All things considered, this game didn’t go that poorly. Michigan got absolutely crushed in the possession game, and still kept things closer than you’d expect them to against a top-5 team nationally.
Of course, there’s the small factor that Dave Pietramala is hesitant to run things up on a friend, especially one at the helm of a new program. Still, I think coming into this game many might not have expected U-M to come within 10 goals even if Hopkins was trying to let them. Chalk it up a moral victory.
From the official box score, a look at the tempo-free stats:
|Johns Hopkins 2013|
|Faceoff Wins||4||Faceoff Wins||29|
|Offensive Efficiency||.276||Offensive Efficiency||.327|
Boy, that faceoff number. Brad Lott was ineffective through the first quarter, after which time Michigan went with Charlie Keady to muck things up and play defense. That didn’t go a whole lot better, and more than anything drove home the point that Michigan’s inability to pick up a contested ground ball was the issue more than anything. As was the case in the Bellarmine game, most of the faceoffs were 50/50 balls or better, and the Wolverines just couldn’t scoop ‘em up.
Last year, these were the best two riding teams in the country. That’s right, Michigan was second-best nationally (to JHU) at something, even in the epic struggle that was Year One. In this game… Michigan got the better of Hopkins in that metric. This team’s improvement in the clear – while there’s still work to be done – has been night-and-day.
As for the efficiency margin… sometimes you just play Johns Hopkins and you’re Michigan. Even if the 81 possessions in this game had been distributed dead evenly, Michigan would have lost about 13-11. That’s life.
I might as well change the name of the site from “Great Lax State” to “The Gerald Logan Fanboi Outlet,” but that dude can play. He was in obvious pain due to the shoulder injury suffered against Bellarmine, but committed zero turnovers in the clear, and saved .414 of shots faced. Given that two or three (at least) of those goals were softies that you wouldn’t expect him to give up if healthy and/or not getting shelled, and that’s a pretty good outing.
Hopkins had such a balanced output that it’s tough to pick out any real stars. Obviously Unstoppable Faceoff God Mike Poppleton (17/18) is one of them. The six offensive starters for Hopkins each had at least two points, and between them they had 20 of Hopkins’ 30 points, and 11 of the 17 goals. While “but they played their depth” is true to an extent, Hopkins didn’t call off the dogs until later than many seem to believe.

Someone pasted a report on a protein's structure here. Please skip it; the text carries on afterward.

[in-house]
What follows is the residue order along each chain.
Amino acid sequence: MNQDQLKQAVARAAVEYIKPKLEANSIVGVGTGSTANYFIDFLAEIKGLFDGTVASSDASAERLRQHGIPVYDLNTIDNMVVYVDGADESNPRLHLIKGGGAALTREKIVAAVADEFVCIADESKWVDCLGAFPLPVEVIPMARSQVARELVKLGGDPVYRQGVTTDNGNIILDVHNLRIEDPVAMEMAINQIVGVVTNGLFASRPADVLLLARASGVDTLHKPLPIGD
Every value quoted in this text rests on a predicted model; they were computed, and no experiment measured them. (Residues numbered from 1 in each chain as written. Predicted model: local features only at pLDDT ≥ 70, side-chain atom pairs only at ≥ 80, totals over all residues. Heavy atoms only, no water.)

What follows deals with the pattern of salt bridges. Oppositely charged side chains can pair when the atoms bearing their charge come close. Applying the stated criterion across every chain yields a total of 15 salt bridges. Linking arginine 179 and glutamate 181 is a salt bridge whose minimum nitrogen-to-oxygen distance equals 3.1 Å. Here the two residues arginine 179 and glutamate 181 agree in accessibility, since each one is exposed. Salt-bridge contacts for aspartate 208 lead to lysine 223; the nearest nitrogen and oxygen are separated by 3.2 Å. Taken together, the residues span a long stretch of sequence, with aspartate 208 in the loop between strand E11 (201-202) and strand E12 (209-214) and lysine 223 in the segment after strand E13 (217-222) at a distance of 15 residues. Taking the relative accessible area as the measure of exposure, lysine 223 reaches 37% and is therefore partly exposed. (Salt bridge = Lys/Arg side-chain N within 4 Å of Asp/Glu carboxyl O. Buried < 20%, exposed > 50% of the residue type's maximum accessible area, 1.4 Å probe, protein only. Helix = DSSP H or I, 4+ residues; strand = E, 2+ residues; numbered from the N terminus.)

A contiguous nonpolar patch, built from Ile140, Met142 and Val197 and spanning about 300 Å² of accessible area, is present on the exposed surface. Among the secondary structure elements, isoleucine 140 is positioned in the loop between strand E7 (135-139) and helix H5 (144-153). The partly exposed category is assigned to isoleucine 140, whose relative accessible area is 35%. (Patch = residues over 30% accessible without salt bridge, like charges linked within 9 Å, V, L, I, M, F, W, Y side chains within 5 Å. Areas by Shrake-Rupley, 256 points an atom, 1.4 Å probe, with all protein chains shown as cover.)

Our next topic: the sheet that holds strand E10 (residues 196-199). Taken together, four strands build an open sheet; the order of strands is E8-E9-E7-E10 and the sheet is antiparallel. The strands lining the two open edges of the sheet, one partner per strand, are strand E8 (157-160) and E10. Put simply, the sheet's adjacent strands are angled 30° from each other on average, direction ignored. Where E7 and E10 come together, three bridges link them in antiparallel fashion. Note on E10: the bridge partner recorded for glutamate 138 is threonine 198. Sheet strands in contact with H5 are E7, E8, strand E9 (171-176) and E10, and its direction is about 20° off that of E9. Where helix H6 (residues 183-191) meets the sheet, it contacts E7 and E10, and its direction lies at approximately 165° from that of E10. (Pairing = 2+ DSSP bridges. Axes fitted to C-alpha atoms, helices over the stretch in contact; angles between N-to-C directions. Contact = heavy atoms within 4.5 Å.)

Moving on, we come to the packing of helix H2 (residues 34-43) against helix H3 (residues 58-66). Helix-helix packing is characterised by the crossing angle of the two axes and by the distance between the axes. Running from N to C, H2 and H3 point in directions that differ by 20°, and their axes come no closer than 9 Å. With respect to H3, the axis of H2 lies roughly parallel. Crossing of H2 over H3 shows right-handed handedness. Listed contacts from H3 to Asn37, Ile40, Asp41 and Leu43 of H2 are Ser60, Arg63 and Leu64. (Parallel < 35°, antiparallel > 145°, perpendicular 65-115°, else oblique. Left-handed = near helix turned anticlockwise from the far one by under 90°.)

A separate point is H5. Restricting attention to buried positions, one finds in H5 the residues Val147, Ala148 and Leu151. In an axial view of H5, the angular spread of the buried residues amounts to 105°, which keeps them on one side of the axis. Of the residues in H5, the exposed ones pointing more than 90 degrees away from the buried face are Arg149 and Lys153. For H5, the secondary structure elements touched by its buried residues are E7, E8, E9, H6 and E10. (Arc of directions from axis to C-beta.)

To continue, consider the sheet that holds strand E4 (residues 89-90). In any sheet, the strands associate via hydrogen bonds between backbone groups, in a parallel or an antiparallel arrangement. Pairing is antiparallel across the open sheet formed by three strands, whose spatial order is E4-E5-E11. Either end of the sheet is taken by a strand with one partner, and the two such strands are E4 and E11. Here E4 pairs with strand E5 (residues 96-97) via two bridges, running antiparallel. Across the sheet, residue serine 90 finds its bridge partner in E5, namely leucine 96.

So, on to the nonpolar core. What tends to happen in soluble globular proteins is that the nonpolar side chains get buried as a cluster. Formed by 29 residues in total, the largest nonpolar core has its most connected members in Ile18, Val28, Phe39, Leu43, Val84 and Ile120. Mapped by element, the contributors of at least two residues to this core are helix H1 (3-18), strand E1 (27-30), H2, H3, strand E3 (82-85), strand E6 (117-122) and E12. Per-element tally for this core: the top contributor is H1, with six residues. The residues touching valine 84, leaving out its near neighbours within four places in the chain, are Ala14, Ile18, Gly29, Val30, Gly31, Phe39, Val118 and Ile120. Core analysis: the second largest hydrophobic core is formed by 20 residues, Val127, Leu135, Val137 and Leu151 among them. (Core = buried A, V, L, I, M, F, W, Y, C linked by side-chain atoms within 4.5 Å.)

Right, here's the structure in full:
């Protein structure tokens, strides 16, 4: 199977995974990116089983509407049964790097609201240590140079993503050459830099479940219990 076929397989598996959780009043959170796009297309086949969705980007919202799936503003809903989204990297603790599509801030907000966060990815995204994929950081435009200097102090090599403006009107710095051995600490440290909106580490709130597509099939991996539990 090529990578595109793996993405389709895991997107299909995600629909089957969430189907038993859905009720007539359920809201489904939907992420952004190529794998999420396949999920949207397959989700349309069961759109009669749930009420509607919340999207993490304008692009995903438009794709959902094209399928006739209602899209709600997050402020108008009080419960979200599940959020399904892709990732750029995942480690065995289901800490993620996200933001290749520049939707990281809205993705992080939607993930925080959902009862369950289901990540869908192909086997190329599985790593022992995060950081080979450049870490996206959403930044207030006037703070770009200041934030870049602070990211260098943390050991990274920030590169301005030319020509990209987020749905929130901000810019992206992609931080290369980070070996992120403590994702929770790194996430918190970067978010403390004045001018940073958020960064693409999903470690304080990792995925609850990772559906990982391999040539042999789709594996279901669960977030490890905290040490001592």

The offense really wasn’t bad, especially given the lack of time that they had with the ball to develop any sort of rhythm. Thomas Paras went down early in the game with a hamstring injury (no word on severity), so Michigan wasn’t operating at full strength and still did OK, given that they were playing Hopkins. In the first half (when you could contend JHU hadn’t let off the gas yet), the efficiency number was still an OK .250.
Kyle Jackson is still a bit limited in terms of making the right play every time (and though he scored one righty in this game, he’s clearly more comfortable sticking with his left), but is developing into a great offensive option. He had two goals, as did Peter Kraus. David Joseph was U-M’s other multi-point scorer with one and one.
Defensively, Michigan just didn’t have the horses to run with Hopkins. It’s going to happen. A lot of the plays weren’t one-on-one battles won with an easy finish, and at least required a pass after drawing a slide (a small leap forward when a team as skilled as Hopkins is the opposition, but a leap forward nonetheless), resulting in 13 Hopkins assists on 17 goals.
Can Michigan actually take a bit of confidence from this game? Even though they were more than doubled up, I say yes. There were some very good moments, and they aren’t playing Hopkins again for the rest of the year (though the Denver and Loyola games, at the very least, could be some ugly ones). I would have liked to see Dylan Westerhold get some time between the pipes with Logan clearly favoring that right shoulder, but it is what it is. He didn’t get any more hurt than he already was, though the risk was there.
Michigan takes a trip down to sunny Miami for the first game in a spring break road trip. Army is a formidable opponent, but the Wolverines can, at the very least, look at every opponent from here on out and say, “but they’re not Hopkins.” That may not lead to a lot of wins, but certainly increased confidence as this young team grows up.
It’s the first game in a really heavy stretch. U-M has a Saturday-Wednesday-Saturday-Thursday-Sunday-Saturday stretch coming up. While the club players may be familiar with that heavy a workload, it’s a little different when basically all of the teams are better (other than likely High Point).